Outdoor Life In 1901, Milwaukee's Dan Starkey (1862-1949) founded the Northwestern Sportsman Publishing Company and launched a new outdoor magazine called The Northwestern Sportsman (1901-1907). A former newspaper editor, Starkey was particularly attracted to the outdoors, so he launched a magazine focused solely on fishing and hunting in the upper Midwest -- which at the time was still called the Northwest. It included the Dakotas, Minnesota, Wisconsin, Michigan, Indiana, and Northern Ohio all the way over to Colorado and Montana.
In a major coup, the magazine lined up one of the most important angling voices of the day as its fishing editor — James Heddon of Dowagiac, Michigan, one of the leaders in the bait casting revolution and maker of some of the finest fishing tackle of all time. Heddon wrote a monthly column on bait casting and other notations on fishing in the region. He covered tournament casting in detail during a very important time in tournament casting history.
Alas, The Northwestern Sportsman was not very successful, and lasted only from 1901 to 1907. That year, the magazine was rebranded and renamed Outer's Book (1907-1917). It took on a national focus and immediately grew in popularity, becoming one of the top five or six sporting magazines in America. It attracted a lot of quality writers including O.W. Smith, Samuel G. Camp, Charles Frederick Holder, Robert Page Lincoln, and Sheridan R. Jones. The most famous contribution by Outer's Book to American culture came in February 1910, when it published the first popularized version of the Paul Bunyan myth -- a myth that was soon expanded upon to take its place among American legend and lore.
The newly renamed magazine carried the name Outer's Book from 1907 to 1917, when the publication incorporated the old and established magazine Recreation, which was founded back in 1883. To reflect this change, it was rebranded in 1917 as Outers' Book Recreation, which remained its name until 1919. It changed its format from a compact 8" x 10" to an oversized 9" x 12" and became very slick in look. Easy to overlook is the moving of the apostrophe to after the "S" in Outer's. The problem was that Outers' Book Recreation is an awkward name, so in 1919 it was rebranded for a fourth time. From 1919 to 1924 it was called simply Outers' Recreation (1919-1924). The slogan for the magazine was now "The Magazine that Brings the Outdoors In" and they continued with its oversized formatting. It was in this period that the magazine became known for its gorgeous covers.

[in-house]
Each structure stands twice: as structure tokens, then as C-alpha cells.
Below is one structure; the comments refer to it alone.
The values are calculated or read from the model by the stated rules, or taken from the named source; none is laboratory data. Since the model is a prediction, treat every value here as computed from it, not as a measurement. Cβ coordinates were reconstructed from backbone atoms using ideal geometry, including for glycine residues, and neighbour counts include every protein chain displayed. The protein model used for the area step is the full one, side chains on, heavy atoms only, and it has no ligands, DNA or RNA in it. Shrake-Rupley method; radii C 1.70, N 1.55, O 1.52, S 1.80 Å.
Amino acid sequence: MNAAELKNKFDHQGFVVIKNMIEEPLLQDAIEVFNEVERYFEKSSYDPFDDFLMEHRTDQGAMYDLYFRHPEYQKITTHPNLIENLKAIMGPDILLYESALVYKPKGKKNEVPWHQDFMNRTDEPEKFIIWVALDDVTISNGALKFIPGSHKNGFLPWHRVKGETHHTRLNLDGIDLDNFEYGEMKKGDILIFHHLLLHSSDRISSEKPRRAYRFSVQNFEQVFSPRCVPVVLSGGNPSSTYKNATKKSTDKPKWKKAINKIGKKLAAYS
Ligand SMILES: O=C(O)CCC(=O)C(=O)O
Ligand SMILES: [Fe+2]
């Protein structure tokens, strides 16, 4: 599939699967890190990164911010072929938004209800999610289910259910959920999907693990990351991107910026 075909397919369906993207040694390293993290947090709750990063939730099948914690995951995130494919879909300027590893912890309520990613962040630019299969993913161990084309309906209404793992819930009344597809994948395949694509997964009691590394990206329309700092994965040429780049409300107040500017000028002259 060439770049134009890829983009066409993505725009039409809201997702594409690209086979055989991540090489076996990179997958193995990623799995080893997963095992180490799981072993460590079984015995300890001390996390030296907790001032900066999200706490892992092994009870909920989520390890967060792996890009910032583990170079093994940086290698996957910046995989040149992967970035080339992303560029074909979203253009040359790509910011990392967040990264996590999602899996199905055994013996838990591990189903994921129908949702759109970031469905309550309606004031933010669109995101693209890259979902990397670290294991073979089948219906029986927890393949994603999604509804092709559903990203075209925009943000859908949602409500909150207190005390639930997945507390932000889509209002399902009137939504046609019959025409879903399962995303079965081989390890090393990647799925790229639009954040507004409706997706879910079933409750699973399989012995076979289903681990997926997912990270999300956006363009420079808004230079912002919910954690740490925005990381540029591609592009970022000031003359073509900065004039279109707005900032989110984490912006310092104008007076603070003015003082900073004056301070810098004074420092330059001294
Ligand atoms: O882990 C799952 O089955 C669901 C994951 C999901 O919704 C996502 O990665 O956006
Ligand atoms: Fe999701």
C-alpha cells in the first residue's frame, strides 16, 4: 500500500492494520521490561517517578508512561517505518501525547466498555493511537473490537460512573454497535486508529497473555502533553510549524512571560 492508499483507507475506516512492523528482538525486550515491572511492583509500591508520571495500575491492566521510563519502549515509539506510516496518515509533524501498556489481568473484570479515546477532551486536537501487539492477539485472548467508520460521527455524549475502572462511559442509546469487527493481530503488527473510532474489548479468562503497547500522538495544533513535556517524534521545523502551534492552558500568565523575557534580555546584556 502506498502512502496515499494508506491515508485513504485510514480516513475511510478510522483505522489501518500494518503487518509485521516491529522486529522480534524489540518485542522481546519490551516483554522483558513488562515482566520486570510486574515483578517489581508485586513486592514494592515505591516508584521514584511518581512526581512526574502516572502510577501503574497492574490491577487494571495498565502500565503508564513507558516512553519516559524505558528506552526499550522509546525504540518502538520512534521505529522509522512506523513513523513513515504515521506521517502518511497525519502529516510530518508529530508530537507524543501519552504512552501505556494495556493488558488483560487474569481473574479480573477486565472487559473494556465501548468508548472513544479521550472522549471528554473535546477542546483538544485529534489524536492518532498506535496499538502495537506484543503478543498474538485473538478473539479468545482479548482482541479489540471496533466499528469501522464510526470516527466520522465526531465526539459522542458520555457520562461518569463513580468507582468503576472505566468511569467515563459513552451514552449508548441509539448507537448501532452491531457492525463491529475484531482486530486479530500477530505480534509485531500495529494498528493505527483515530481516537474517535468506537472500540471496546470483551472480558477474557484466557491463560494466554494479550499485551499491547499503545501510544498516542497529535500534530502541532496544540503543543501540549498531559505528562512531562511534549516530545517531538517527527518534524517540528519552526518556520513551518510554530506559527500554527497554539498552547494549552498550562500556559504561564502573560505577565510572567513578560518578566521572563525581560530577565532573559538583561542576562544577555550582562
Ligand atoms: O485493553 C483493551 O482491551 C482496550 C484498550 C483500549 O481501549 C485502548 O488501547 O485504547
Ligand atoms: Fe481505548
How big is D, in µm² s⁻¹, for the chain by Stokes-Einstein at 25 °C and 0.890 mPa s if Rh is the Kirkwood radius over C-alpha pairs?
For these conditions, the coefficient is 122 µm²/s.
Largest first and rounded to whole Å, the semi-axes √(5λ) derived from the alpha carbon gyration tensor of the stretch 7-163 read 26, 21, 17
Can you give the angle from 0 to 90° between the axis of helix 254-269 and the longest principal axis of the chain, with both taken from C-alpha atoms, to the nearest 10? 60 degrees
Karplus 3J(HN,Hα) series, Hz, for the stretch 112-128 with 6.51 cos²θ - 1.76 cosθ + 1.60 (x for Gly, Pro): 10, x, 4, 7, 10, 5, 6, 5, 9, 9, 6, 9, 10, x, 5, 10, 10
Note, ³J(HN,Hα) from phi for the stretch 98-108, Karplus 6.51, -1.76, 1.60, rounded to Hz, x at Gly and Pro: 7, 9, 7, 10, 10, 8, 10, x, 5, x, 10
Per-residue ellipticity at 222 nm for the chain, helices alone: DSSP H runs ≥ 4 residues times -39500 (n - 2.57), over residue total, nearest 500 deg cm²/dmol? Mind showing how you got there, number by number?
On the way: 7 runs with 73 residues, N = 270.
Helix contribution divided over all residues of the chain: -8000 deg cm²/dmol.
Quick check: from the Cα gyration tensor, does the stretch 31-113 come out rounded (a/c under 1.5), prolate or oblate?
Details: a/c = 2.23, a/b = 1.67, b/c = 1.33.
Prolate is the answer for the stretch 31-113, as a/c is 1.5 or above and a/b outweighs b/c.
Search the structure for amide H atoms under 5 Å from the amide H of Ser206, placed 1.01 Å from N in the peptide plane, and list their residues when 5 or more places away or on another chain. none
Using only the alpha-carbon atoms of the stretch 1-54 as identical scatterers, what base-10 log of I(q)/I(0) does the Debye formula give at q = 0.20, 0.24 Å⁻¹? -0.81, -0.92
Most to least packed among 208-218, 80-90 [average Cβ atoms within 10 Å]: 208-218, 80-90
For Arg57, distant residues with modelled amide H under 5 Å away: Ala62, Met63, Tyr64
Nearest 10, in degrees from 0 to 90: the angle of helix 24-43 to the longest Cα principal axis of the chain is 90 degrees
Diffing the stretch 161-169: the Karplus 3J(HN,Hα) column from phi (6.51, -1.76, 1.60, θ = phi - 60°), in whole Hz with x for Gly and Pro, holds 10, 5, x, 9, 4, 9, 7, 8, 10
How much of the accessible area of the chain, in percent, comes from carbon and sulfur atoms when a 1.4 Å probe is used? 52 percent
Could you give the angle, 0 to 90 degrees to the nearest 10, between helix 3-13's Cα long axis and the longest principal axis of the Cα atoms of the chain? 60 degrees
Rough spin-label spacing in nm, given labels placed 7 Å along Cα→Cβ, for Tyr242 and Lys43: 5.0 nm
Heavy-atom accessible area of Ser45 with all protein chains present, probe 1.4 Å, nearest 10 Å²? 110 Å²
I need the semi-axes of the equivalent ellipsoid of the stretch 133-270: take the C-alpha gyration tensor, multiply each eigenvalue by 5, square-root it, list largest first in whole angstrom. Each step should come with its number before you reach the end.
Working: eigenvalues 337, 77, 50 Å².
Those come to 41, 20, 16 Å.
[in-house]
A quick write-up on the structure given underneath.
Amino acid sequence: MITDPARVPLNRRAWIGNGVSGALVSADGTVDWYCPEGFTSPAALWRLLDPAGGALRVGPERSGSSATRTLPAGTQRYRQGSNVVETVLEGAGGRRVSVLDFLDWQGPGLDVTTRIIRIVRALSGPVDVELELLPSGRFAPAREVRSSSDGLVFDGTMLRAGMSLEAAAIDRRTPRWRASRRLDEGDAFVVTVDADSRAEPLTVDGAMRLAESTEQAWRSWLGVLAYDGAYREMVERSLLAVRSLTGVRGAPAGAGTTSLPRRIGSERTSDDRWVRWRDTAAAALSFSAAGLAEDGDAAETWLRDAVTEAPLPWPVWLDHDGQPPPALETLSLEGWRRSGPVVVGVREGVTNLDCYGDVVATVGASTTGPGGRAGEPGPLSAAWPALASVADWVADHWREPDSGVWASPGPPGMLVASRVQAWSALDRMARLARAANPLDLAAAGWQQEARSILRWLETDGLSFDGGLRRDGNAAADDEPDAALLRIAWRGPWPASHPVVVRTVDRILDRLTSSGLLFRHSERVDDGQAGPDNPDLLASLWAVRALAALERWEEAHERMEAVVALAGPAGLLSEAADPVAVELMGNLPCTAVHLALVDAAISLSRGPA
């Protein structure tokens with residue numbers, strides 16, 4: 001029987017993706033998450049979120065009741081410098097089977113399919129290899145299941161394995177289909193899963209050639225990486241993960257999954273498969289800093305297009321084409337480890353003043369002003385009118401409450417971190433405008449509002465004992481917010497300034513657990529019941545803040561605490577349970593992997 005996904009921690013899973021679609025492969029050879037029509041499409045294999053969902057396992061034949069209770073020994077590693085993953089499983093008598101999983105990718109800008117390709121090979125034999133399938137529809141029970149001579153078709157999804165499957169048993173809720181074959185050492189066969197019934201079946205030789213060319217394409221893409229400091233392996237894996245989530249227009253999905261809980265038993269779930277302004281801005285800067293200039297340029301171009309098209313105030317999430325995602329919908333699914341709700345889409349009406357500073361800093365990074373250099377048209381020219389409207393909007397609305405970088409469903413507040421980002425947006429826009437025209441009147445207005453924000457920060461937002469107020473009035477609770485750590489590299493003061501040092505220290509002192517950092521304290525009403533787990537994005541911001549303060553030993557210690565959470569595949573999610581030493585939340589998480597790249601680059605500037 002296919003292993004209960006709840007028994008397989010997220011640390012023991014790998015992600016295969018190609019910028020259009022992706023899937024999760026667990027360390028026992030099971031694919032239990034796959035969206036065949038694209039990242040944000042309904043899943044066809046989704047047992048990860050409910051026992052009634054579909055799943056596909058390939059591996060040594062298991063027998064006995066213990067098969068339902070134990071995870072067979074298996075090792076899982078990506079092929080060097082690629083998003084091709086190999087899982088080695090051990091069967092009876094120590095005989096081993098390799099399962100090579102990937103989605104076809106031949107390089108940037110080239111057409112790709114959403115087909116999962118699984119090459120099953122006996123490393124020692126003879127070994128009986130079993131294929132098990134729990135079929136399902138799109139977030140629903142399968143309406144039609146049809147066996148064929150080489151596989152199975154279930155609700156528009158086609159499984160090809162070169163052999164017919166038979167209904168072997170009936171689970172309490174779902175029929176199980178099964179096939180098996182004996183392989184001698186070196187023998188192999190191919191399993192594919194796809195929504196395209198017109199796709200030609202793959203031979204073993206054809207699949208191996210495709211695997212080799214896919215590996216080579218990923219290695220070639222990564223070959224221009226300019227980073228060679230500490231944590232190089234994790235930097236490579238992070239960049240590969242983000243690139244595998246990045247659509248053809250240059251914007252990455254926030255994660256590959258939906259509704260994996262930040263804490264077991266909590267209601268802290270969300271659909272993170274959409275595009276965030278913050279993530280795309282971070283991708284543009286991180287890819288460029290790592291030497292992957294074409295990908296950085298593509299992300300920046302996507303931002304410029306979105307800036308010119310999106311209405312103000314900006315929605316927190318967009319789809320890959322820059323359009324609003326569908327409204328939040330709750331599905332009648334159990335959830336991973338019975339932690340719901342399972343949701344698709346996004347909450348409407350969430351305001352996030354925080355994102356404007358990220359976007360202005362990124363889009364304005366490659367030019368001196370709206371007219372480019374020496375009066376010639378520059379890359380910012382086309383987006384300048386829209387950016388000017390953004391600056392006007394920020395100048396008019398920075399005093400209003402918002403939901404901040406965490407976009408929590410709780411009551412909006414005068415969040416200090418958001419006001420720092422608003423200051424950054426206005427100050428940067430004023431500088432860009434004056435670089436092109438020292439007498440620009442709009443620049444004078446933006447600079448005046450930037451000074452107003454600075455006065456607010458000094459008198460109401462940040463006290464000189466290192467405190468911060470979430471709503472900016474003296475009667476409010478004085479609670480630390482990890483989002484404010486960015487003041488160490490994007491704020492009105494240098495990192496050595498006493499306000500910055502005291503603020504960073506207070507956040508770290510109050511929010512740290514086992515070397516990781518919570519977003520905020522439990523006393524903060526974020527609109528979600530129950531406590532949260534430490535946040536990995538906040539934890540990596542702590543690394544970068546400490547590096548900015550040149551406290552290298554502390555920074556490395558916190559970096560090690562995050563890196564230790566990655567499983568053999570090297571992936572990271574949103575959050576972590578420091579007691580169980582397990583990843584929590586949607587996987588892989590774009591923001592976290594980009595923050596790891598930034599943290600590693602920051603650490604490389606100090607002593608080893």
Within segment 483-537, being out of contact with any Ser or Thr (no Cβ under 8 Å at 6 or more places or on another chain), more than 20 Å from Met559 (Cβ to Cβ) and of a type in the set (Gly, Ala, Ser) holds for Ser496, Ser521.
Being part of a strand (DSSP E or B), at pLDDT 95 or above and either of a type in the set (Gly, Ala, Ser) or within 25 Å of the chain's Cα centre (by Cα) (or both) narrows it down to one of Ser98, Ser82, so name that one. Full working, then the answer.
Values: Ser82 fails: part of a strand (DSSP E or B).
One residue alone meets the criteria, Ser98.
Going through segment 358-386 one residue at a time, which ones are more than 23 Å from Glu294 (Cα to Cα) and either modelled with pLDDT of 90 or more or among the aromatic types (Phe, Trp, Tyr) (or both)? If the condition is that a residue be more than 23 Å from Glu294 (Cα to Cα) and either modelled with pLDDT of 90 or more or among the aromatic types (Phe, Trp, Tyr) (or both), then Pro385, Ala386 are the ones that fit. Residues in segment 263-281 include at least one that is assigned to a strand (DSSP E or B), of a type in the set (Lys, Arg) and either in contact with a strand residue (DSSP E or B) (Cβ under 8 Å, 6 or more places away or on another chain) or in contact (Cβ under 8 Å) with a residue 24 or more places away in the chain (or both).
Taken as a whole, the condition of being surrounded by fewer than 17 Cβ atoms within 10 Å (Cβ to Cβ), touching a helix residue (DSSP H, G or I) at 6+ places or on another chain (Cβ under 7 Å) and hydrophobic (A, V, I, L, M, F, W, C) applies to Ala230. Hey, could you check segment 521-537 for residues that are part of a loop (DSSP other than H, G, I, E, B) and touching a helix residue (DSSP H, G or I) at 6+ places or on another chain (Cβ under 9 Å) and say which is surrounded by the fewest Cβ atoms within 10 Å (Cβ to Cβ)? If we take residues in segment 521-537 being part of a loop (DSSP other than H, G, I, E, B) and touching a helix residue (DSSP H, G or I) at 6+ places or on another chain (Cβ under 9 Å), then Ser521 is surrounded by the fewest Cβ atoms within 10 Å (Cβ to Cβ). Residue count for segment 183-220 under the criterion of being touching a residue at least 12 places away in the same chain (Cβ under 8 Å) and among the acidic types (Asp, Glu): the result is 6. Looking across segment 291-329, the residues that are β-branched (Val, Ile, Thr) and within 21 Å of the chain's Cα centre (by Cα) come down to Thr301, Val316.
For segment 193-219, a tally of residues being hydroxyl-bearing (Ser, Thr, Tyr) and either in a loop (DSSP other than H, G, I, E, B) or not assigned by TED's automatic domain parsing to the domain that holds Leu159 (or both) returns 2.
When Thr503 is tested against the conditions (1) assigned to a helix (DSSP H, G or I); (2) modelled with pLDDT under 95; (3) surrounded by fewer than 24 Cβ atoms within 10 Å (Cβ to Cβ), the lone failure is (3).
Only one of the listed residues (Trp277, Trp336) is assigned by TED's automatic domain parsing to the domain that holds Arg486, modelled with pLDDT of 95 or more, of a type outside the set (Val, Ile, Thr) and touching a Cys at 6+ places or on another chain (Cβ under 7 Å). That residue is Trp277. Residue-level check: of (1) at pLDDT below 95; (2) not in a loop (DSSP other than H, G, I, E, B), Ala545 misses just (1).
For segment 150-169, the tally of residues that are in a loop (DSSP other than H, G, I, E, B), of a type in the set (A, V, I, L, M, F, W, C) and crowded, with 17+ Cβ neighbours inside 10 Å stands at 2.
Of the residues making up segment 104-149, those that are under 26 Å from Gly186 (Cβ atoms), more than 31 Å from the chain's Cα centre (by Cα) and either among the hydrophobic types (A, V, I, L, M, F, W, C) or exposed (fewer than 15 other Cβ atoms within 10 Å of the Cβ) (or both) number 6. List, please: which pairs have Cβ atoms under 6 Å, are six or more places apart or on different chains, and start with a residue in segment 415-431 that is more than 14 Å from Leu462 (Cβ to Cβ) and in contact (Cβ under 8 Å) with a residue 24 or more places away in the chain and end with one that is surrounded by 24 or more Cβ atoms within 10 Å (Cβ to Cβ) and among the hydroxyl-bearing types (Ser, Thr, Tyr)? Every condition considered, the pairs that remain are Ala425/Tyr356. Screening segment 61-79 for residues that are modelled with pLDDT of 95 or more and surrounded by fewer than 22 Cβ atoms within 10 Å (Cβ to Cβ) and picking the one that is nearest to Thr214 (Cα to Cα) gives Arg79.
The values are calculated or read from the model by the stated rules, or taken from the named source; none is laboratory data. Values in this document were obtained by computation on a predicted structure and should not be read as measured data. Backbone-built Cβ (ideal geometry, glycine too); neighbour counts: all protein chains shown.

The end for this magazine with the convoluted history came in 1927, when it merged with the established magazine Outdoor Life. Interestingly, the new Outdoor Life prominently carried the masthead "Outdoor Life which is Combined with Outdoor Recreation" for the first year or so. This notation became smaller over time until 1931, when the subtitle was so small on the cover as to be almost meaningless. The January 1932 Outdoor Life cover is the first that did not carry the "Outdoor Life which is Combined with Outdoor Recreation" tag, although the magazine continued referring to it until 1936. Also of interest is that it appears that Outdoor Life adopted far more of Outdoor Recreation's style than vice versa. It was only after the merger that Outdoor Life began to distinguish itself from its major competitor, Field & Stream.”
- 1955. Emery, Richard. The Captain's Lunch Meat. Hunting wild goats and boars on Santa Catalina Island, Calif. Outdoor Life 116(8). December 1955
- [original in SCIF archives]